Phoenix expands anti-bias measure to include LGBT community - WDAM - TV 7 - News, Weather and Sports

Phoenix expands anti-bias measure to include LGBT community

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PHOENIX (CBS5/AP) -

The Phoenix City Council expanded the city's anti-discrimination law to include protections for gays, lesbians, bisexuals and transgender people in city contracts, housing, employment and public accommodations such as restaurants.

The vote approving the ordinance revision was 5-3. Councilmen Jim Waring, Bill Gates and Sal DiCiccio voted against the measure.

The city currently prohibits discrimination based on race, color, religion, sex, national origin, age, genetic information and marital status.

"This was the right thing to do for our city," Phoenix Mayor Greg Stanton said. "With 165 other cities, including Tucson and Flagstaff, adopting similar ordinances, some more than a decade ago, Phoenix had some catching up to do. We as a city value all our citizens, and consider diversity as our strength. It's good for business, it's good for our economy, and it's the right thing to do for Phoenix."

More than 50 people spoke about the issue at a council hearing that lasted more than four hours and stretched into Tuesday night.

The debate was over the Human Relations Ordinance. A conversative Christian group, the Center for Arizona Policy, has labeled the ordinance the Bathroom Bill. 

One man told the council he sees the changes as opening a door for sexual predators. 

He was followed by a local pastor who told the mayor that every Phoenician has the right to be treated equally.

The Human Relations Ordinance revolves around adding three phrases to the city's anti-discrimination policies when it comes to employment, housing, city contracts and public accommodations: "sexual orientation," "gender identity" and "disability."  

Phoenix is one of the few major cities in the country that hadn't adopted a similar policy protecting civil rights of the LGBT community. 

Critics called the bill problematic.

"It gives an open door to any sexual predator, not the transgender community, but any sexual predator that pretends to be transgender. That person can go into the women's restroom and this gives them easy access to women and, especially, children," said Joe La Rue of the group Alliance Defending Freedom.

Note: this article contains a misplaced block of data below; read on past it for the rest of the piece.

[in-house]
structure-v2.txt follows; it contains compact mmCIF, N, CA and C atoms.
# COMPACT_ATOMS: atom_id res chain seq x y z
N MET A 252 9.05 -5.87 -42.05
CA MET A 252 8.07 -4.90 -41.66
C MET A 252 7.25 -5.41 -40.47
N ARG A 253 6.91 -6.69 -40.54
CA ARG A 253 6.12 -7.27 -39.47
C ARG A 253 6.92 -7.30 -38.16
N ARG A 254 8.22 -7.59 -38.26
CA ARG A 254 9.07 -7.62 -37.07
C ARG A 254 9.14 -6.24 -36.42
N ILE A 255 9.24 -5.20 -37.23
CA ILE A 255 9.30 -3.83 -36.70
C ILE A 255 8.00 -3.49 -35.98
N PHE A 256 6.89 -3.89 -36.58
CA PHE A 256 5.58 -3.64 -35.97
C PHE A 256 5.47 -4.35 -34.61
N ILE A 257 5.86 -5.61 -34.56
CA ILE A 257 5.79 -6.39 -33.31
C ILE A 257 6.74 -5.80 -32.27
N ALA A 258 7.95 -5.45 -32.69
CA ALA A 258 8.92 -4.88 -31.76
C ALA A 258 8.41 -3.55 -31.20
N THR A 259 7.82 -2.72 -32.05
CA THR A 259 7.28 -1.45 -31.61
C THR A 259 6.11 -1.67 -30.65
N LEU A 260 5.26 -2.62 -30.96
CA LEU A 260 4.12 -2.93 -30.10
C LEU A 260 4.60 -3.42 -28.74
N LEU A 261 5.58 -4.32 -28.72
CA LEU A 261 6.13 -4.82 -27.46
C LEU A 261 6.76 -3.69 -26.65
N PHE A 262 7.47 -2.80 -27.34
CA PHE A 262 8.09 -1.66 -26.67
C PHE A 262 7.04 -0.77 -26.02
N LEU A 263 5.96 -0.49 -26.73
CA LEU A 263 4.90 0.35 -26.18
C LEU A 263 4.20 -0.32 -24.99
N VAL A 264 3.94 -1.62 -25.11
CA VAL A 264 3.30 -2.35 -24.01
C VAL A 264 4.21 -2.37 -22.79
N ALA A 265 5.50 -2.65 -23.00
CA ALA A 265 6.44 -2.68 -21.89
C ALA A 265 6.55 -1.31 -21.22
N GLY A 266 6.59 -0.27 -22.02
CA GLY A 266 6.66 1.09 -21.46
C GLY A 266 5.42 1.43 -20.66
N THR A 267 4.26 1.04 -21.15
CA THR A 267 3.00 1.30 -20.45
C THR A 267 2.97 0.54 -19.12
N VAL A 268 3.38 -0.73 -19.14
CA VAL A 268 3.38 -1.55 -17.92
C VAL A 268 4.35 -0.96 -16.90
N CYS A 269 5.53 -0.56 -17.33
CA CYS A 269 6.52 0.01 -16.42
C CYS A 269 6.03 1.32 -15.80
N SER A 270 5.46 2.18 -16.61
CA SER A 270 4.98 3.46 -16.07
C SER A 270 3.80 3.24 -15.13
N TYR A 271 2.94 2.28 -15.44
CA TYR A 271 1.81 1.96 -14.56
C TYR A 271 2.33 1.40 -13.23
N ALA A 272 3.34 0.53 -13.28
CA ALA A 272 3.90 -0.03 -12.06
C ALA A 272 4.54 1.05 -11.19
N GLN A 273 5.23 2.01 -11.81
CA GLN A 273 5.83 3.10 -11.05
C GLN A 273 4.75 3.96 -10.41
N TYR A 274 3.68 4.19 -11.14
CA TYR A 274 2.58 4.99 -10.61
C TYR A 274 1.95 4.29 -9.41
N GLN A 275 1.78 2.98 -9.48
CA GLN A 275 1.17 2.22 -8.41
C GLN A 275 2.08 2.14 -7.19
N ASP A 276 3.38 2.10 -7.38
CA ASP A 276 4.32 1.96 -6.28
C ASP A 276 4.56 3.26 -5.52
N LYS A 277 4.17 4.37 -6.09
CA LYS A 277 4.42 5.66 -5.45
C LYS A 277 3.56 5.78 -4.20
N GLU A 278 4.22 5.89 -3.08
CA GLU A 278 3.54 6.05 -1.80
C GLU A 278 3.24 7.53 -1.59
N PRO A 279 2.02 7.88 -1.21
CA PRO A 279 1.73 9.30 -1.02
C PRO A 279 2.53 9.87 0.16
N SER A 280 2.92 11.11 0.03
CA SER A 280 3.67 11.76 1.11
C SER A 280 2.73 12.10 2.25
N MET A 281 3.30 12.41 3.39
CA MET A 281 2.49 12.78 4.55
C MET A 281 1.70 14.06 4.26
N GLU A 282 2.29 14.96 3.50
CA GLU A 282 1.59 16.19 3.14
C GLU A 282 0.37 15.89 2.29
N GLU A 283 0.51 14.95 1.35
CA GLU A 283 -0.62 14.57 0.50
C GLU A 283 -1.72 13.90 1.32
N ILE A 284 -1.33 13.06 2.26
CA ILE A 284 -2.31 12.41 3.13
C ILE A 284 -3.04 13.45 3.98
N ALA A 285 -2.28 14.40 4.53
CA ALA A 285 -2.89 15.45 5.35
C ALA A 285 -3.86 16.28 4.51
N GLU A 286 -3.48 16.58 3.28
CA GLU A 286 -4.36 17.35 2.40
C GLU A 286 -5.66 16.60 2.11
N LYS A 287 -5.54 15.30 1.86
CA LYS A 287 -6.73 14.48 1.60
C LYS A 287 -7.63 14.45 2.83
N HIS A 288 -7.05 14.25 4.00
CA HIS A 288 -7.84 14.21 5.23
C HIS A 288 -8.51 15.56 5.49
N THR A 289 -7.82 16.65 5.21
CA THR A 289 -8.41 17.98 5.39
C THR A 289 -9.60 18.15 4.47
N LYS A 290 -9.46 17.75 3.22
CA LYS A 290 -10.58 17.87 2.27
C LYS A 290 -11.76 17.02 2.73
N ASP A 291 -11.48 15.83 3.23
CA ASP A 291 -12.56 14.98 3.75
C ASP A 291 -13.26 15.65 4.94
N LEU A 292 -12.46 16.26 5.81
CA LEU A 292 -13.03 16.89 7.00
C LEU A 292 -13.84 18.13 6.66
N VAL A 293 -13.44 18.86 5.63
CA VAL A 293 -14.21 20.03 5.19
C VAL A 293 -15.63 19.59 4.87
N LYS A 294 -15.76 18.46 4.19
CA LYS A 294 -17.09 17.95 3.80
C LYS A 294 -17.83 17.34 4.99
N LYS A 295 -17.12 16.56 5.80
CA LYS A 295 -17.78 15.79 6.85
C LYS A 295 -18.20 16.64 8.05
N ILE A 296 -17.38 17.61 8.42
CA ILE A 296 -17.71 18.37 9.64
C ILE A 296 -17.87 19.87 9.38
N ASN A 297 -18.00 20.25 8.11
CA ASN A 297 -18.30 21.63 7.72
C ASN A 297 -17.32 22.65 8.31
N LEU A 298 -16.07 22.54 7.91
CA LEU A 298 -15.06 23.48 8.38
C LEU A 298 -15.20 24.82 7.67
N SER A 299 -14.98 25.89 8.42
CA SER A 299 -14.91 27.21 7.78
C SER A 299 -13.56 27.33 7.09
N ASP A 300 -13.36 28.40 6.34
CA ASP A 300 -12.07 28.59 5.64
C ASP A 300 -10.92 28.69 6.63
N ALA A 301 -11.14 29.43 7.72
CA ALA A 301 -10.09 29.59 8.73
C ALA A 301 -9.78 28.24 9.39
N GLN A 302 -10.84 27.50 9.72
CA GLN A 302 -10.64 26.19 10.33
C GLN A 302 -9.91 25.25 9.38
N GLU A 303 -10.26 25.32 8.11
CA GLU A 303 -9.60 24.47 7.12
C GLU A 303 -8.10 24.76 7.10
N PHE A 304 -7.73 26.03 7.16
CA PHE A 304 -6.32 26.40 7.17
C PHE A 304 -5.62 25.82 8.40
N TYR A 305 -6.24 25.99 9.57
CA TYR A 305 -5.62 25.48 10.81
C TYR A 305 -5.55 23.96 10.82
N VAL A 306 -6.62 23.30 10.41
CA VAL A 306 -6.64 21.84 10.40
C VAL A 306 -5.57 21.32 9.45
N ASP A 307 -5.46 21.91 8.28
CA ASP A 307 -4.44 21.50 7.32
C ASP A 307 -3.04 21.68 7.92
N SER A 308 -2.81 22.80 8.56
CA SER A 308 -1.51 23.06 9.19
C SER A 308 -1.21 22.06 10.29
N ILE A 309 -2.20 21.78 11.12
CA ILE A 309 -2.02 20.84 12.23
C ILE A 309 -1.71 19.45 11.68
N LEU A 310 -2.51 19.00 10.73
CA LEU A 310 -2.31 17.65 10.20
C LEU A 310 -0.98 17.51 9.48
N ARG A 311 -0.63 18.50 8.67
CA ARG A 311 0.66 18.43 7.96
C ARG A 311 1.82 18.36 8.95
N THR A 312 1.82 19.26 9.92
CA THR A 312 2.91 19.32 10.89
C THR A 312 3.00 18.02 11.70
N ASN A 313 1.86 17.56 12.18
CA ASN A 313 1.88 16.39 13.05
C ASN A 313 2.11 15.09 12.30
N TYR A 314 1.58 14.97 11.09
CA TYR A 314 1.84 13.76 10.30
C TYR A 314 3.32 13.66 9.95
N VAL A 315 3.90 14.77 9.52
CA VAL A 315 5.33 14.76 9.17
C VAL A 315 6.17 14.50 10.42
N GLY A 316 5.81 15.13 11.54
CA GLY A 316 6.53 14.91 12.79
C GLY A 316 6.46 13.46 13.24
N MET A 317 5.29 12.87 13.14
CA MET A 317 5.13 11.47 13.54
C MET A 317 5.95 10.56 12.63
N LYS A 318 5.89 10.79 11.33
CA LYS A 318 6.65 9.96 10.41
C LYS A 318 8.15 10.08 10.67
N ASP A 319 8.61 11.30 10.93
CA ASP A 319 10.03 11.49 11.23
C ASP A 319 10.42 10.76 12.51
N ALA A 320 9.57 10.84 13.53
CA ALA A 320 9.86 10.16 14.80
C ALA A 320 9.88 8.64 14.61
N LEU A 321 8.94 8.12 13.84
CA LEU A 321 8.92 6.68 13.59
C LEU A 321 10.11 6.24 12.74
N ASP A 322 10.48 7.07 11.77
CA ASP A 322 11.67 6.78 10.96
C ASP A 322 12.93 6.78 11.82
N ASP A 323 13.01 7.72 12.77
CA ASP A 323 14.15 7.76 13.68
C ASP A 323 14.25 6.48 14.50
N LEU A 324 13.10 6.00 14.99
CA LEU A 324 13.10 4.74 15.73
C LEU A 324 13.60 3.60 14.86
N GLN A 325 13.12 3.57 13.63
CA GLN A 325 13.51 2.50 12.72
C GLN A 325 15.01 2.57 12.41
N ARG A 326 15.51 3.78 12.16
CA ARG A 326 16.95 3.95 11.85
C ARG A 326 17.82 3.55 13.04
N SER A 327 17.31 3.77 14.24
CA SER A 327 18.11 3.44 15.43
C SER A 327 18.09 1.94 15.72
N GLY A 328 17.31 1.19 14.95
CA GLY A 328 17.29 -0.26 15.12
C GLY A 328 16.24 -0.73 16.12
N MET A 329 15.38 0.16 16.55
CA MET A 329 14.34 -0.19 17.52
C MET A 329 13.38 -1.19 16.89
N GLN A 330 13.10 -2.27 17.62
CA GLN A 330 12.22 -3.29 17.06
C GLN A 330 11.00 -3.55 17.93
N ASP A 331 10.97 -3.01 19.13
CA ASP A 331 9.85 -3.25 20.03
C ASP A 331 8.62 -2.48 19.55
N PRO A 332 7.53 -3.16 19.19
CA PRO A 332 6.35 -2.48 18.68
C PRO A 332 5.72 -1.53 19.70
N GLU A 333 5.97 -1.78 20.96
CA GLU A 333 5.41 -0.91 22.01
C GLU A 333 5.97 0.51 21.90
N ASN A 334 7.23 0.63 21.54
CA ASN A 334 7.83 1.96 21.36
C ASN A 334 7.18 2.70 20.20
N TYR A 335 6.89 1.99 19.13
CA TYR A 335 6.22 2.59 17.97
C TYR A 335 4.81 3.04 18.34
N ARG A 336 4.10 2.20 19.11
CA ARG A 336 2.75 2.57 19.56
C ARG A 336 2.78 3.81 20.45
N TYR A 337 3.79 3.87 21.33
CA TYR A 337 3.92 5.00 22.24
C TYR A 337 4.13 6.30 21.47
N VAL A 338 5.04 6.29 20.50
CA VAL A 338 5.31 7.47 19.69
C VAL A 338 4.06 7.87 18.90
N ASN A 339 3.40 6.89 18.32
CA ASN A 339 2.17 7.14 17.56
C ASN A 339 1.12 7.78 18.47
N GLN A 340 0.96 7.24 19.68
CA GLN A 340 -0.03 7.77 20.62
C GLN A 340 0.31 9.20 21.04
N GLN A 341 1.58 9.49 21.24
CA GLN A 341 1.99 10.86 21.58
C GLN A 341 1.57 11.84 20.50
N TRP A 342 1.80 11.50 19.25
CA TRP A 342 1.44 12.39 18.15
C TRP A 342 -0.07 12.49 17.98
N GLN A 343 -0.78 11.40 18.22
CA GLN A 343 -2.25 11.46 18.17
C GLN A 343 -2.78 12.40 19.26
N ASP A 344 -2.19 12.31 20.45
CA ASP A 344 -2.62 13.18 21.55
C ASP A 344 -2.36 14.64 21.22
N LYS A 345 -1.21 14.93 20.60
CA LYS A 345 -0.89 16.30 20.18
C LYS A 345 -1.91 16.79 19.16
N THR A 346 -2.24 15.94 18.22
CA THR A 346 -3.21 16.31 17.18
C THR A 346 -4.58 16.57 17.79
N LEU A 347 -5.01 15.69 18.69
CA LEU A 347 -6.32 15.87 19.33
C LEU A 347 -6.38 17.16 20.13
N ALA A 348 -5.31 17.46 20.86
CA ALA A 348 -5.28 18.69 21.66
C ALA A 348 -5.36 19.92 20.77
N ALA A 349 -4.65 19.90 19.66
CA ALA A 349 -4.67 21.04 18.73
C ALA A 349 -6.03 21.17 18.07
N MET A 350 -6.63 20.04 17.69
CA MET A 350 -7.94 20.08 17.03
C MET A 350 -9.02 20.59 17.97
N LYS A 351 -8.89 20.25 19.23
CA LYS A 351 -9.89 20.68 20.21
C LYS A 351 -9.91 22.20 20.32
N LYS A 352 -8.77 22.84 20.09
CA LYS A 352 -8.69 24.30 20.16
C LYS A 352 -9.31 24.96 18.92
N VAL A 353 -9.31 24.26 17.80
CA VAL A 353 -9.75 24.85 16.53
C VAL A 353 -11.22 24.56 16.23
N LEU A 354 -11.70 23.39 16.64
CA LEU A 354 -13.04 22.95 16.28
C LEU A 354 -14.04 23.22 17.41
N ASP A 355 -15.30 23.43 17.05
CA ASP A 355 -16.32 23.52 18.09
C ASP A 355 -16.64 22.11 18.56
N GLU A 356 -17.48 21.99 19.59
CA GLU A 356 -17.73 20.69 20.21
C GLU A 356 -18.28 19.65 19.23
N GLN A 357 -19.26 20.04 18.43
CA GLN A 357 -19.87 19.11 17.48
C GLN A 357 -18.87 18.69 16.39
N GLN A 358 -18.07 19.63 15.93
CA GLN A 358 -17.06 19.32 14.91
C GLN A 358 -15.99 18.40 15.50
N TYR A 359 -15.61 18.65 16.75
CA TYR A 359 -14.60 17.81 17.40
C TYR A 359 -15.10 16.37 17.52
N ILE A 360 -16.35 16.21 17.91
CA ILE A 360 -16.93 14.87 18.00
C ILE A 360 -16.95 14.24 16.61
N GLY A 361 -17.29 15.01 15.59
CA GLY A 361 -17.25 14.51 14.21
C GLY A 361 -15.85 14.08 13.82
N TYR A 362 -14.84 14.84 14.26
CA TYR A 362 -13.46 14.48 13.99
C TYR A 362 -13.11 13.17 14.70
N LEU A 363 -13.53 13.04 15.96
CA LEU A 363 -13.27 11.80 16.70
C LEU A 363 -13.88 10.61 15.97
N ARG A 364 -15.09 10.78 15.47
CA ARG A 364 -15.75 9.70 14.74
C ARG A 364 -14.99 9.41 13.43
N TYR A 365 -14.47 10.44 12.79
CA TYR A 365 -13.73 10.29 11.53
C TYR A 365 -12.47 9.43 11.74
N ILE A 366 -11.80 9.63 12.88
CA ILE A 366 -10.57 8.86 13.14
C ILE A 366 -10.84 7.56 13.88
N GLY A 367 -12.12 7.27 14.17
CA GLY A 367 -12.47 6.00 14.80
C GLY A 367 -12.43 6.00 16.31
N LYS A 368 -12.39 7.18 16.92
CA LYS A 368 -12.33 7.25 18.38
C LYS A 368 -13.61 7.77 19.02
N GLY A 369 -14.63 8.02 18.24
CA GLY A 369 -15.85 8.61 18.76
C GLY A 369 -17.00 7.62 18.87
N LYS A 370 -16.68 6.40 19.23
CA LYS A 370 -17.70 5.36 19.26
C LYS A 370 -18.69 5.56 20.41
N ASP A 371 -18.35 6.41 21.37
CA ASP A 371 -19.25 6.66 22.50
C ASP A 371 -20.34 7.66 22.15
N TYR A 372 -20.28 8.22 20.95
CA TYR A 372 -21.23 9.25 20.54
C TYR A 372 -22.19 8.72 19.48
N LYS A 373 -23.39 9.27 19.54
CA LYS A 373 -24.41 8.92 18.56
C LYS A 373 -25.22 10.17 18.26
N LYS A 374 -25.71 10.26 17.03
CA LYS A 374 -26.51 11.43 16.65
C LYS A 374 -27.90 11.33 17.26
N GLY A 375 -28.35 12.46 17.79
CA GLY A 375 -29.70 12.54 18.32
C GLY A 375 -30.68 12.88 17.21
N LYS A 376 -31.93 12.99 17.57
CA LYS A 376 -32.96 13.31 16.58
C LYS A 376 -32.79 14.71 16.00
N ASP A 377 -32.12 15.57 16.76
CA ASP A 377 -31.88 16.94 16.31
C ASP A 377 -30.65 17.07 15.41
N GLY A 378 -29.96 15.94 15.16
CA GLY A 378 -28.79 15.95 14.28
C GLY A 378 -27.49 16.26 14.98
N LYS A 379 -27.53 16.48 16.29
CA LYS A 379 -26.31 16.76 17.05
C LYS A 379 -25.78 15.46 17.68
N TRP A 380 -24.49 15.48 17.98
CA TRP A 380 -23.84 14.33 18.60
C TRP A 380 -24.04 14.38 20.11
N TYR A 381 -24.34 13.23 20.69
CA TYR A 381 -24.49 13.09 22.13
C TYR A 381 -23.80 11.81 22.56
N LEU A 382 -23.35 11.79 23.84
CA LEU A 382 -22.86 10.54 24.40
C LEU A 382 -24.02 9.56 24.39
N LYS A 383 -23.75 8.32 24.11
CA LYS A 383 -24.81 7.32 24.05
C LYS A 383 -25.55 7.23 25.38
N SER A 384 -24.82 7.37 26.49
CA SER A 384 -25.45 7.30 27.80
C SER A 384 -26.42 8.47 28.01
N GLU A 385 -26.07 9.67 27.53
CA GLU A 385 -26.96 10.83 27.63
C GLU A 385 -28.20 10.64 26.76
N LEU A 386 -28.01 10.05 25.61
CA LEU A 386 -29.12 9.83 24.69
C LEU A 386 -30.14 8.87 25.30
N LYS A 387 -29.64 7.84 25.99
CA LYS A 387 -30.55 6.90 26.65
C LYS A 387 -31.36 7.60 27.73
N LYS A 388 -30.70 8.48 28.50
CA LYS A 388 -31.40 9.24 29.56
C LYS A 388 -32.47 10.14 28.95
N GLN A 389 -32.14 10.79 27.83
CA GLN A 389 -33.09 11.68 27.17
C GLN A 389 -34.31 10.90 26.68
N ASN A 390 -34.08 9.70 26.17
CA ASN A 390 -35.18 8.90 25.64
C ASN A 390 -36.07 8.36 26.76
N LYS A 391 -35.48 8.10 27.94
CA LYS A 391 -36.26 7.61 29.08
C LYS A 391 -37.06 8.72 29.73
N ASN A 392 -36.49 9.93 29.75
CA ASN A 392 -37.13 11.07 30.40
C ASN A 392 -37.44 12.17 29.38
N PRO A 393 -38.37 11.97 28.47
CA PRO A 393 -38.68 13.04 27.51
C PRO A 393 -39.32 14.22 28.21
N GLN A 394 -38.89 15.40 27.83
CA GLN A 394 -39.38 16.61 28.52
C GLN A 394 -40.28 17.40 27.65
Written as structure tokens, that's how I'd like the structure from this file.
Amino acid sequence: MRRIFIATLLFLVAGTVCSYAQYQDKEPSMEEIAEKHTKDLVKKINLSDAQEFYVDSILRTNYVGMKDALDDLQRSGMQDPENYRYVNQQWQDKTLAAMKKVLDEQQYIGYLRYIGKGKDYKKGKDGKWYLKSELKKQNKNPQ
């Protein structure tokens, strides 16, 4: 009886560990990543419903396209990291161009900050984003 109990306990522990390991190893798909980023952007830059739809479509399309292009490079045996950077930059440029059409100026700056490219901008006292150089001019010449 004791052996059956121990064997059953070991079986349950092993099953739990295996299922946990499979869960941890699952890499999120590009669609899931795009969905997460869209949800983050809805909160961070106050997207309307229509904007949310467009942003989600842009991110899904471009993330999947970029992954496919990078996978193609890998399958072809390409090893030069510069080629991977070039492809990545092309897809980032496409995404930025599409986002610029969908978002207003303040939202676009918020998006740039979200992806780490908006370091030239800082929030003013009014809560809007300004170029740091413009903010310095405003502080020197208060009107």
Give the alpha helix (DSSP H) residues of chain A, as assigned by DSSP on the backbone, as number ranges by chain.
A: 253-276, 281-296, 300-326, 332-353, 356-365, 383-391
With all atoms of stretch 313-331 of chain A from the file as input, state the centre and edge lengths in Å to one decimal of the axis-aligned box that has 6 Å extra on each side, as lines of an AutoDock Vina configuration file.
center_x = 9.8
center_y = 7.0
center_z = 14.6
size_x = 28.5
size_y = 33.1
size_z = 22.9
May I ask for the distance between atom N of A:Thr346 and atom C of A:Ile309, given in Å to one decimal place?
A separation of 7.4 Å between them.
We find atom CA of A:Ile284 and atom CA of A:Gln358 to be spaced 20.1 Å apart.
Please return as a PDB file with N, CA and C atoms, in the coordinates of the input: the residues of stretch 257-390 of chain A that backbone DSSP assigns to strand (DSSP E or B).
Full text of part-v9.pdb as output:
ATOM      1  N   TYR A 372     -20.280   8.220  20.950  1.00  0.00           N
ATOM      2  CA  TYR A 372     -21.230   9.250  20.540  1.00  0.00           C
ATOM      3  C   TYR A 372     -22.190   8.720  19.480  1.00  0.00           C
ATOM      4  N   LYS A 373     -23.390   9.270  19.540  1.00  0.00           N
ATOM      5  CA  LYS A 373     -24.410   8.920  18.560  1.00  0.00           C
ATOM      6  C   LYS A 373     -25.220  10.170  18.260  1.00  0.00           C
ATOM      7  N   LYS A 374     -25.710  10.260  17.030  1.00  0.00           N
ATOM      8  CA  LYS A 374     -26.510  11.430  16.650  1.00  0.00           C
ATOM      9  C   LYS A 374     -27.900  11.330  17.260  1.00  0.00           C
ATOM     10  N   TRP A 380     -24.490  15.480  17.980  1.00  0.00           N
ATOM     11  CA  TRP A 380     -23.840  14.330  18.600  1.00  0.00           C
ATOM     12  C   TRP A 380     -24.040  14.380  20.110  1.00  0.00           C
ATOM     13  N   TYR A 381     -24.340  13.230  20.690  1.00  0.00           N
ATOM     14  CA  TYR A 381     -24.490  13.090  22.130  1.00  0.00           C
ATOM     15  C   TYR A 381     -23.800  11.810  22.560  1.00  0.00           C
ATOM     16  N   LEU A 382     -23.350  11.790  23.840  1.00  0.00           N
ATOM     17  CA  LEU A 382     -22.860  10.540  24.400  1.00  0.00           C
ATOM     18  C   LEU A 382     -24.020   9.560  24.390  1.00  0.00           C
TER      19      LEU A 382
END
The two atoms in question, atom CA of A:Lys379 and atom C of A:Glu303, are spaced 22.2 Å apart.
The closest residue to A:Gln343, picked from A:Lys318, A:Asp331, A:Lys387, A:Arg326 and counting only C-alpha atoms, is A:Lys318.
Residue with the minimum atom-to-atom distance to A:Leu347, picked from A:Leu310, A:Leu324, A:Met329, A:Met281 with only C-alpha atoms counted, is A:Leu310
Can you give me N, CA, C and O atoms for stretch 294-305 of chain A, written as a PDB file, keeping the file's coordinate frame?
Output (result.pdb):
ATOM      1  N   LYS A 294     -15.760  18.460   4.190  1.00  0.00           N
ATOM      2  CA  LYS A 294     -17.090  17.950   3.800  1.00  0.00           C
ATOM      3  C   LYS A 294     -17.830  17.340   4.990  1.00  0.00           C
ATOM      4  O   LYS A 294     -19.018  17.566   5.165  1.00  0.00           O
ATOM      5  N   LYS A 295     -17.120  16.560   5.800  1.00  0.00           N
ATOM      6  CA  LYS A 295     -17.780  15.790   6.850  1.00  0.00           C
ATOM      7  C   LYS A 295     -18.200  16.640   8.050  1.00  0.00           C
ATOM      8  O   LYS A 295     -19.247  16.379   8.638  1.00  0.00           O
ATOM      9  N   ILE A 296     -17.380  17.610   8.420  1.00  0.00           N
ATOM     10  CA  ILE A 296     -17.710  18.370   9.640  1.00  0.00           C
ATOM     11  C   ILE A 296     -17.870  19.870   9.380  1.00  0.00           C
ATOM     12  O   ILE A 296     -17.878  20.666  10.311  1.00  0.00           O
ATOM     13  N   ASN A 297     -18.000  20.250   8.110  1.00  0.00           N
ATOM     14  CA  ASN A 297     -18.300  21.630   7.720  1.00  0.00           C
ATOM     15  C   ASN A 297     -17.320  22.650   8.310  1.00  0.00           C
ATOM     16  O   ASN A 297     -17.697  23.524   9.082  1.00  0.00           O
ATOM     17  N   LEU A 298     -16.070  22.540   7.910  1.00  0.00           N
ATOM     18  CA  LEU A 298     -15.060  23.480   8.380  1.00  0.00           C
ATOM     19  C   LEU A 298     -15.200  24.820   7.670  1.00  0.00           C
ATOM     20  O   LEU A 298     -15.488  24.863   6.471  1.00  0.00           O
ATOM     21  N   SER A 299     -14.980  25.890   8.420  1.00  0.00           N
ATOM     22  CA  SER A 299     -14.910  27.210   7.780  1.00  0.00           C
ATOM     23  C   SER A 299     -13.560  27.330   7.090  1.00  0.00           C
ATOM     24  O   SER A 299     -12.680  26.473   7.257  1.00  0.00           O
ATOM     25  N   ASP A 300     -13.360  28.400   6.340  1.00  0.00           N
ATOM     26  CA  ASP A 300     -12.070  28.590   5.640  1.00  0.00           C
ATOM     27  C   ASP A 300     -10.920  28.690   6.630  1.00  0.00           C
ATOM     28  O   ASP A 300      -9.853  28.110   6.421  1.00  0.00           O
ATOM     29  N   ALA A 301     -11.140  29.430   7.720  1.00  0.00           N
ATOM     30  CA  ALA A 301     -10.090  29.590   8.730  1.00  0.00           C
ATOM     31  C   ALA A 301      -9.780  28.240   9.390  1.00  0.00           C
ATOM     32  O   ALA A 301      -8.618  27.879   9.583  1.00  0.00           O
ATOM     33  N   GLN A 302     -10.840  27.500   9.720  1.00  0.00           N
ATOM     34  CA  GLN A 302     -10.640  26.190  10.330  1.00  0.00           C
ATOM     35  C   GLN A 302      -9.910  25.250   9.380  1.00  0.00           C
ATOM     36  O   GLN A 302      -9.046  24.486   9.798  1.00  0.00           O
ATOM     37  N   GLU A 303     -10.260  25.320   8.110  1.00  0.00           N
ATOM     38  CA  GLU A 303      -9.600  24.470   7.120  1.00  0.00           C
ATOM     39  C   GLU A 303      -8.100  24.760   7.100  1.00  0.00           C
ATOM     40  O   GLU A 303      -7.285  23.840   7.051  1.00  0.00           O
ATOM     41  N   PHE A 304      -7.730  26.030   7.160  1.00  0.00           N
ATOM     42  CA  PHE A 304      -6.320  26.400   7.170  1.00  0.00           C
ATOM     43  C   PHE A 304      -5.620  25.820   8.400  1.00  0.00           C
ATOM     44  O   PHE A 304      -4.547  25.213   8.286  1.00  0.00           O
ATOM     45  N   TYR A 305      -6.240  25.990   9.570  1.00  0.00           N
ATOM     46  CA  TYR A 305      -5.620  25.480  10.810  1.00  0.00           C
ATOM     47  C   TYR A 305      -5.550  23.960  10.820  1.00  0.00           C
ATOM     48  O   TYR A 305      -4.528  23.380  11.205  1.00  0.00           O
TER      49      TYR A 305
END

Other cities which have implemented similar laws say those fears are unfounded.

Tucson changed its anti-discrimination policy in 1999. According to city officials, there have been no lawsuits and no criminal prosecutions.

The mayor's office in Salt Lake City said the change has been positive there, too. The city has had no legal challenges and only one complaint in 2010.

The mayor's office sent CBS 5 the following statement:

"Salt Lake City's 2009 anti-discrimination ordinance, established to prohibit workplace and housing discrimination based on sexual orientation or gender identity, has been an overwhelming success and an important part of Mayor Becker's goal of working to ensure our community is one that is safe, welcoming and equitable for all residents.

"Since its passage, some 15 Utah communities have followed our lead, and we were very pleased to hear of the recent adoption of a similar statute change in Flagstaff following Mayor Becker's presentation to their council and Mayor last year.

"While the Salt Lake City ordinance established new and necessary protections, Mayor Becker's efforts on behalf of equality issues in our vibrant and diverse community are ongoing, and bolstered by the positive changes we see happening in cities across the country."

Copyright 2013 CBS 5 (KPHO Broadcasting Corporation). All rights reserved. The Associated Press contributed to this report.